Papa's Perspective

Code Reuse with External Templates and Knockout.js

External templates allow you to reduce the code in your main HTML page, and reuse it in multiple places.

Model-View-ViewModel, data binding and separation of concerns are just some of the reasons that Knockout.js, which I introduced in a recent column ("2 Great JavaScript Data-Binding Libraries," February 2012), has become a popular data-binding library in the Web community.

Knockout supports external templating libraries such as jQuery templates, but, starting with Knockout 2.0.0, it also includes its own native templating engine.

Templating has become second nature to many developers. Whether you use Model-View-Controller (MVC) or XAML or JavaScript, there's often a need to separate a section of structure into its own unit of work or template.

In HTML, it's common to have a structure that you want to repeat in many places. Whenever you see a structure that needs to be reused, templates should pop into your head.

Another common use for templates is in object hierarchies where you need to dive into a list of items and want to use the same structure for each item.

Inevitably your app will pile up the templates and you'll want to keep them in a separate file. Separating the templates into files has a few immediate advantages. First, it can reduce the structure in your main HTML file (less to look at is easier to understand). Second, just-in-time (JIT) templates allow you to grab them as needed and leave the others on the server.

Templates Everywhere
The Knockout native template engine offers multiple ways to implement templates. You can name templates and refer to them in a script tag by their id. This is a popular technique used by other engines such as jQuery templates. Another option is to use anonymous templates inline. I prefer anonymous inline templates when my template won't be reused because it keeps my HTML flowing, as opposed to having to go find a script tag somewhere else (which breaks my flow).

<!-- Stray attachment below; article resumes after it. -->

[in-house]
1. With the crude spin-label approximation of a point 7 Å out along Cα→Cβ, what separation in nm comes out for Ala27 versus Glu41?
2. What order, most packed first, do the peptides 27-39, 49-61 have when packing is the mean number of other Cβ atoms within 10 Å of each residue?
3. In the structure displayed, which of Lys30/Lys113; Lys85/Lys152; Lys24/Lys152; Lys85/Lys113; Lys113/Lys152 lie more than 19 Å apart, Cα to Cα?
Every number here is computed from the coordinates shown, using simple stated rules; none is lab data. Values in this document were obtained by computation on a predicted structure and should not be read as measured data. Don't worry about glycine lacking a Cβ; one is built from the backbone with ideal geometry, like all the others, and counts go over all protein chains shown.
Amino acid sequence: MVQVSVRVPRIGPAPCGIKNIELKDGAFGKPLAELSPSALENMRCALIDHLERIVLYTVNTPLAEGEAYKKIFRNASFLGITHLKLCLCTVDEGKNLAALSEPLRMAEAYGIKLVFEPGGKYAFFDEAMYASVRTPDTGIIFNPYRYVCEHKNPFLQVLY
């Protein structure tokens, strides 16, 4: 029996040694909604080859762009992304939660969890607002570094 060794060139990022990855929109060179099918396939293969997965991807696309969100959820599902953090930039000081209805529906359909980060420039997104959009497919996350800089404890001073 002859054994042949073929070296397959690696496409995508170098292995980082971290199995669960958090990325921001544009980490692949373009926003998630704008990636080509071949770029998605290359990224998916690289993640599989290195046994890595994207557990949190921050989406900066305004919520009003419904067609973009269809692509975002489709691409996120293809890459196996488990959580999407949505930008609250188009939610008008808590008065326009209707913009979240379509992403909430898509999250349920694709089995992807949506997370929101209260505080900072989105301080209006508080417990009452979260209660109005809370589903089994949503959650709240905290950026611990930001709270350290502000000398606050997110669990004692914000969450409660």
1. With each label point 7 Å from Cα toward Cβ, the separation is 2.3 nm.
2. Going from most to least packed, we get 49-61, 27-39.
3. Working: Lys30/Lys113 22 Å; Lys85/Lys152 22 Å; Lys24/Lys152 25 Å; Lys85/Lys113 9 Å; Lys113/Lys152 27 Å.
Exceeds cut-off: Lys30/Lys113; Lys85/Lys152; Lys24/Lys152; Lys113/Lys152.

The following code shows a simple Knockout anonymous inline template that implicitly creates a template for the <li> elements. Notice there's no name for the template because it's all inline, which is nice and clean:

<ul class="smallList" data-bind="foreach:products">
  <li data-bind="css: {selected: isSelected}"  
    <div data-bind="text: shortDesc, 

Your HTML page could also contain another template, perhaps to display the selected product's details. This master list and item details scenario is pretty common and templates make a lot of sense for it. Listing 1 shows the product-details template contained within a script tag.

The output for the HTML page is shown in Figure 1. The anonymous template is used in a list to display each product, which ends up rendering nine times. The script template is used to render the details of the product. The source for this sample is in the file 01-ko-anonymous-and-script-template.html in the code download.

[Click on image for larger view.]
Figure 1. The anonymous template is used in a list to display each product, which ends up rendering nine times. The script template is used to render the details of the product.

External Templates
The previous example puts the templates inline and in script tags, but they're still in the same file. If these templates are moved to separate files, they can be reused. One way to tackle this is to store the templates in another file, wrap them in script tags, give them each an id and write a function that loads the templates via AJAX. The function has to ensure the Knockout bindings do not apply until all templates are returned, and handle other errors that could arise. Fortunately, there's a way to do this that requires practically no coding effort.

Jim Cowart recently wrote a plug-in for Knockout called Knockout.js External Template Engine. You can find the source for this library on GitHub, or you can use NuGet to add a reference to it from your Visual Studio project (which is my preference). This library extends the native template engine built into Knockout so you don't have to alter your code. It works with jQuery templates, too, if you go that route. For this example, I'm going to stick with the Knockout native templates.

Linking to the External Template Engine